Message 3 of 22 , Jun 3, 2007
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          Frank,

          Your use of "the autonomous province of Subcarpathian Ruthenia". This really interests me. I'd like to know more.

          I was never aware that Ruthenia ever existed as a defined political area or subdivision before. I always thought that Ruthenia (and all of the related names) was an ethnic area.

          Do you, or anyone else, know when this was, what empire was it a province of, and what territory did it encompass.



          ----- Original Message -----
          From: Plichta
          To: Slovak-World@yahoogroups.com
          Sent: Saturday, June 02, 2007 9:55 PM
          Subject: [Slovak-World] Re: Country Name Changes thru History


          Nancy,

          It was as a result of the Treaty of St. Germain-en-Laye in 1919, that
          recognized the Czechoslovak Republic, consisting of the Czech Lands
          (Bohemia, Moravia, part of Silesia) and Slovakia. To these lands were added
          as a trust, the autonomous province of Subcarpathian Ruthenia. This
          territory was broken up for the benefit of Germany, Poland and Hungary by
          the Munich Agreement (September 29, 1938) between UK, France, Germany and
          Italy.

          Frank R. Plichta

          Galax, Virginia

          _____

          From: Slovak-World@yahoogroups.com [mailto:Slovak-World@yahoogroups.com] On
          Behalf Of Nancy Revak
          Sent: Saturday, June 02, 2007 7:13 PM
          To: Slovak-World@yahoogroups.com
          Subject: [SPAM] [Slovak-World] Re: Country Name Changes thru History

          Frank,

          In your entry for 1867-1918, while all of present-day Slovakia was in
          the Austro-Hungarian Empire, part of it was in the Republic of
          Austria and part was in the Kingdom of Hungary. You may want to
          include both parts to be more accurate.

          Also, where you mention the addition of Ruthenia in 1919-1920, what
          are you considering Ruthenia? Is it Sub-Carpathia (or Trans-
          Carpathia) or part of Ukraine?

          Nancy

          --- In Slovak-World@ <mailto:Slovak-World%40yahoogroups.com>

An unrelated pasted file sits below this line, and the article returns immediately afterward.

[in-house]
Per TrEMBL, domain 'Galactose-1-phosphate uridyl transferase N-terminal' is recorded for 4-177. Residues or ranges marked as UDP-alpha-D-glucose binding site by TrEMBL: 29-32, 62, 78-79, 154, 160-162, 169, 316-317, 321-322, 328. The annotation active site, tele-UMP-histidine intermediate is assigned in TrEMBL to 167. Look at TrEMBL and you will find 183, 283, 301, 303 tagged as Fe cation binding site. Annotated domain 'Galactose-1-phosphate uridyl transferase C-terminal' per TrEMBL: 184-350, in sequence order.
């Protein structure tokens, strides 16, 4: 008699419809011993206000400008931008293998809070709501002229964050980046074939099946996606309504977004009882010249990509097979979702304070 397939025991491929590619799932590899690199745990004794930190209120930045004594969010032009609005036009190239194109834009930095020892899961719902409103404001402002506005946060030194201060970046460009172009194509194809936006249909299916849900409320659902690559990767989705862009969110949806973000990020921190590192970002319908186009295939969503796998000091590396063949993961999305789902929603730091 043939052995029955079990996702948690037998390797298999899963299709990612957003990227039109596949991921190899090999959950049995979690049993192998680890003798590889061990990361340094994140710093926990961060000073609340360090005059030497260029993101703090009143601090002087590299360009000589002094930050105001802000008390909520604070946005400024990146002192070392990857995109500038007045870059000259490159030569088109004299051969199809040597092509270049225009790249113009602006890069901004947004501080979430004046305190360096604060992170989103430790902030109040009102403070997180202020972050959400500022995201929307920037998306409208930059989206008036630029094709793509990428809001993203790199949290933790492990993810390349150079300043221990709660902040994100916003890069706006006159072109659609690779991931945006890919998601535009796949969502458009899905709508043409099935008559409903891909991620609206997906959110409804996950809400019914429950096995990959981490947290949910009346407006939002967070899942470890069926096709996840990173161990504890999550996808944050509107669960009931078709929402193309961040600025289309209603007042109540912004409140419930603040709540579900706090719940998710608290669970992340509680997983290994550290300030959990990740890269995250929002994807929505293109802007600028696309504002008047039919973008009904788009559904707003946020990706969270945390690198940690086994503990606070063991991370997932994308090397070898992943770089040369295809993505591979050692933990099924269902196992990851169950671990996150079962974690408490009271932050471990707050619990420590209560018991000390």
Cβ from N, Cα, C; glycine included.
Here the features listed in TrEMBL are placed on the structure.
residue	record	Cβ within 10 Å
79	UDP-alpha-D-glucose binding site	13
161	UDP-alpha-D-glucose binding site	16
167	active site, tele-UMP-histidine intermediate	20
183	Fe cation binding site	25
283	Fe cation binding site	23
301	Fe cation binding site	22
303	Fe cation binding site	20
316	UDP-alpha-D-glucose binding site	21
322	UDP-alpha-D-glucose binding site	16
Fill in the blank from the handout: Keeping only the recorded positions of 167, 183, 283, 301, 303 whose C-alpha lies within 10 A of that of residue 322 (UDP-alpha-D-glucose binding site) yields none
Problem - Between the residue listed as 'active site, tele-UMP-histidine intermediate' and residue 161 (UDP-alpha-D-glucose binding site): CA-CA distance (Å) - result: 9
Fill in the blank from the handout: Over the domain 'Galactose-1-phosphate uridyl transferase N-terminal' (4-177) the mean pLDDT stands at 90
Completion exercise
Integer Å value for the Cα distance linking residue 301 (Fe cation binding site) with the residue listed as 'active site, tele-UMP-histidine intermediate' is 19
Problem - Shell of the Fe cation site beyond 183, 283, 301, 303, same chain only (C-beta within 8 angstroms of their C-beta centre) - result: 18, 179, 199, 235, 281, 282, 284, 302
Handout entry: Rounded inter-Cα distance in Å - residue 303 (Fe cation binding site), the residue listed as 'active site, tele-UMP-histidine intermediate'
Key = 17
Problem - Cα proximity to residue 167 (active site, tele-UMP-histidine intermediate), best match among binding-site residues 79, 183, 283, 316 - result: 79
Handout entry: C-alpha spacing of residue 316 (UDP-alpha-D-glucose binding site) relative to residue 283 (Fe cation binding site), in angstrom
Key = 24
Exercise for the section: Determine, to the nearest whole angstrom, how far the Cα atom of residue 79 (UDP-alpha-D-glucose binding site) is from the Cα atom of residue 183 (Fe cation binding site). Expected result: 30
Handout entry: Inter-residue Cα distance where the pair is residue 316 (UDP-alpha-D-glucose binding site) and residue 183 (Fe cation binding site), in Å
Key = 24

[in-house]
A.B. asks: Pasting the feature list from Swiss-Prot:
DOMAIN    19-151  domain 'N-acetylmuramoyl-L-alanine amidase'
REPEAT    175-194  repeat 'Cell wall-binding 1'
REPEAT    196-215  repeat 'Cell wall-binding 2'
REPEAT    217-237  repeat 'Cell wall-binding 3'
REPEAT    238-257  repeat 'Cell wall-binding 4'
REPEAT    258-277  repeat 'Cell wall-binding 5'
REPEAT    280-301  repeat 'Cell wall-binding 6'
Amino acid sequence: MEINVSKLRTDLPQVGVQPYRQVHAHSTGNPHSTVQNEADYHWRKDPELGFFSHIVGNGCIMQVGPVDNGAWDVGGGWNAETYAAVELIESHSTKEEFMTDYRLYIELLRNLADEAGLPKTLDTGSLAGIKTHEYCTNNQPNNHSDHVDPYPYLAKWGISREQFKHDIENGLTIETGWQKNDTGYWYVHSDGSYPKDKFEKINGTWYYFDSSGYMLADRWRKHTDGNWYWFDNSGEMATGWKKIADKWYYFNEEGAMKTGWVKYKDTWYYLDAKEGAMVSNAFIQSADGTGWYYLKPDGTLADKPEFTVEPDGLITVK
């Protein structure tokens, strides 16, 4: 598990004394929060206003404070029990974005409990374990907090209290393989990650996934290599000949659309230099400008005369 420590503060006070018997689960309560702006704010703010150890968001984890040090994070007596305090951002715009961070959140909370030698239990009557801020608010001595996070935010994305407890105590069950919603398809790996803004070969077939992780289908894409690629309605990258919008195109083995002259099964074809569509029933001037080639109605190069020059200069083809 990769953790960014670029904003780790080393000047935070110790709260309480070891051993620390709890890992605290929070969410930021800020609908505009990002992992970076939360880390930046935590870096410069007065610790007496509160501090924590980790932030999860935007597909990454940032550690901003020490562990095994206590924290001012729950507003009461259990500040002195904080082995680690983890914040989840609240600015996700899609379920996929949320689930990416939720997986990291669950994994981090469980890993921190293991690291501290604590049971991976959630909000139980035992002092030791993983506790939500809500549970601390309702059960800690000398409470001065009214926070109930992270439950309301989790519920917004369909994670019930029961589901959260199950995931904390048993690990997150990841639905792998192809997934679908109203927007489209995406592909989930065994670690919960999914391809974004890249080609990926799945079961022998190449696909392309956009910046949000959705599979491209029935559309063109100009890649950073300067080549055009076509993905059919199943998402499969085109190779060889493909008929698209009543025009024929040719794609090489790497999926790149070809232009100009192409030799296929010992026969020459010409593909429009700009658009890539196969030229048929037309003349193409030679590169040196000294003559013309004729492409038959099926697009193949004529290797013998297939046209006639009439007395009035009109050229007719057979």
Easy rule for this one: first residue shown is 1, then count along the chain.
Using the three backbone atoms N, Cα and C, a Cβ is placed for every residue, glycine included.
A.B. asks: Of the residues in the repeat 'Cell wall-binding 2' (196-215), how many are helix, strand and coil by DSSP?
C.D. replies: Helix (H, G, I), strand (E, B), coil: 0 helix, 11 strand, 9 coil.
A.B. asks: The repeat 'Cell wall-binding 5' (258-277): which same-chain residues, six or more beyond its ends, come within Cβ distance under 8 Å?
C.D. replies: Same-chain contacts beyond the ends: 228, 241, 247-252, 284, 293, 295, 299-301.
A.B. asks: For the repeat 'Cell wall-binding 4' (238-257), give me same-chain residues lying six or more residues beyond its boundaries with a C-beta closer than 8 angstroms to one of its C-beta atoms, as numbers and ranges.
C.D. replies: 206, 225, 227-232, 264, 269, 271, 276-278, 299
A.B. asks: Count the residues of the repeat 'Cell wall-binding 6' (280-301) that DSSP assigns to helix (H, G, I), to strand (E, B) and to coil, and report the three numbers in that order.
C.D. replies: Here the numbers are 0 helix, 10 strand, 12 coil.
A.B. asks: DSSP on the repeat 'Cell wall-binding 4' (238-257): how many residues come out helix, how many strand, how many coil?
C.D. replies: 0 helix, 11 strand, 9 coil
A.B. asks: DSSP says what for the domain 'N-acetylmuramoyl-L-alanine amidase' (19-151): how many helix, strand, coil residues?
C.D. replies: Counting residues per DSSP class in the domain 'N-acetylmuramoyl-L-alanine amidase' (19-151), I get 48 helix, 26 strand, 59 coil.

yahoogroups.com, <plichta@...> wrote:
          >
          > There are frequent occasions when folks talk about the origin of
          their
          > ancestors and they use modern day names for the location of
          origin. Some of
          > the names did not come into existence until years after the
          ancestors
          > departed the country of origin and moved on to other countries. The
          > following list is the result of my research and I welcome any
          corrections or
          > additions.
          >
          >
          >
          > The information is provided in the order of Effective Date, Country
          Name,
          > Included territories. Your attention to called to the terms Czecho-
          Slovakia
          > and Czechoslovakia. The use of the hyphen or absence of the hyphen
          changed
          > from time to time.
          >
          >
          >
          > I would appreciate your assistance in providing corrections or
          additions.
          > Please provide a source or reference for your information.
          >
          >
          >
          > 1867 to 1918, Austria-Hungary Dual Monarchy, Ausgleich of 1867
          formed the
          > Empire of Austia and Kingdom of Hungary.
          >
          > 1867, Empire of Austria, Includes Lower Austria, Upper Austria,
          Salzburg,
          > Tirol, Vorarlberg, Bohemia, Moravia,Silesia and Galicia.
          >
          > 1908, Empire of Austria, Austria annexes Bosnia and Herzegovina.
          >
          > 10/28/1918 to 1920, Czecho-Slovakia, Includes Bohemia, Moravia and
          Silesia.
          >
          > 11/12/1918, Republic of Austria, Name change.
          >
          > 11/14/1918 to 1920, Czecho-Slovakia, Slovakia added and became a
          part of
          > Czechoslovakia.
          >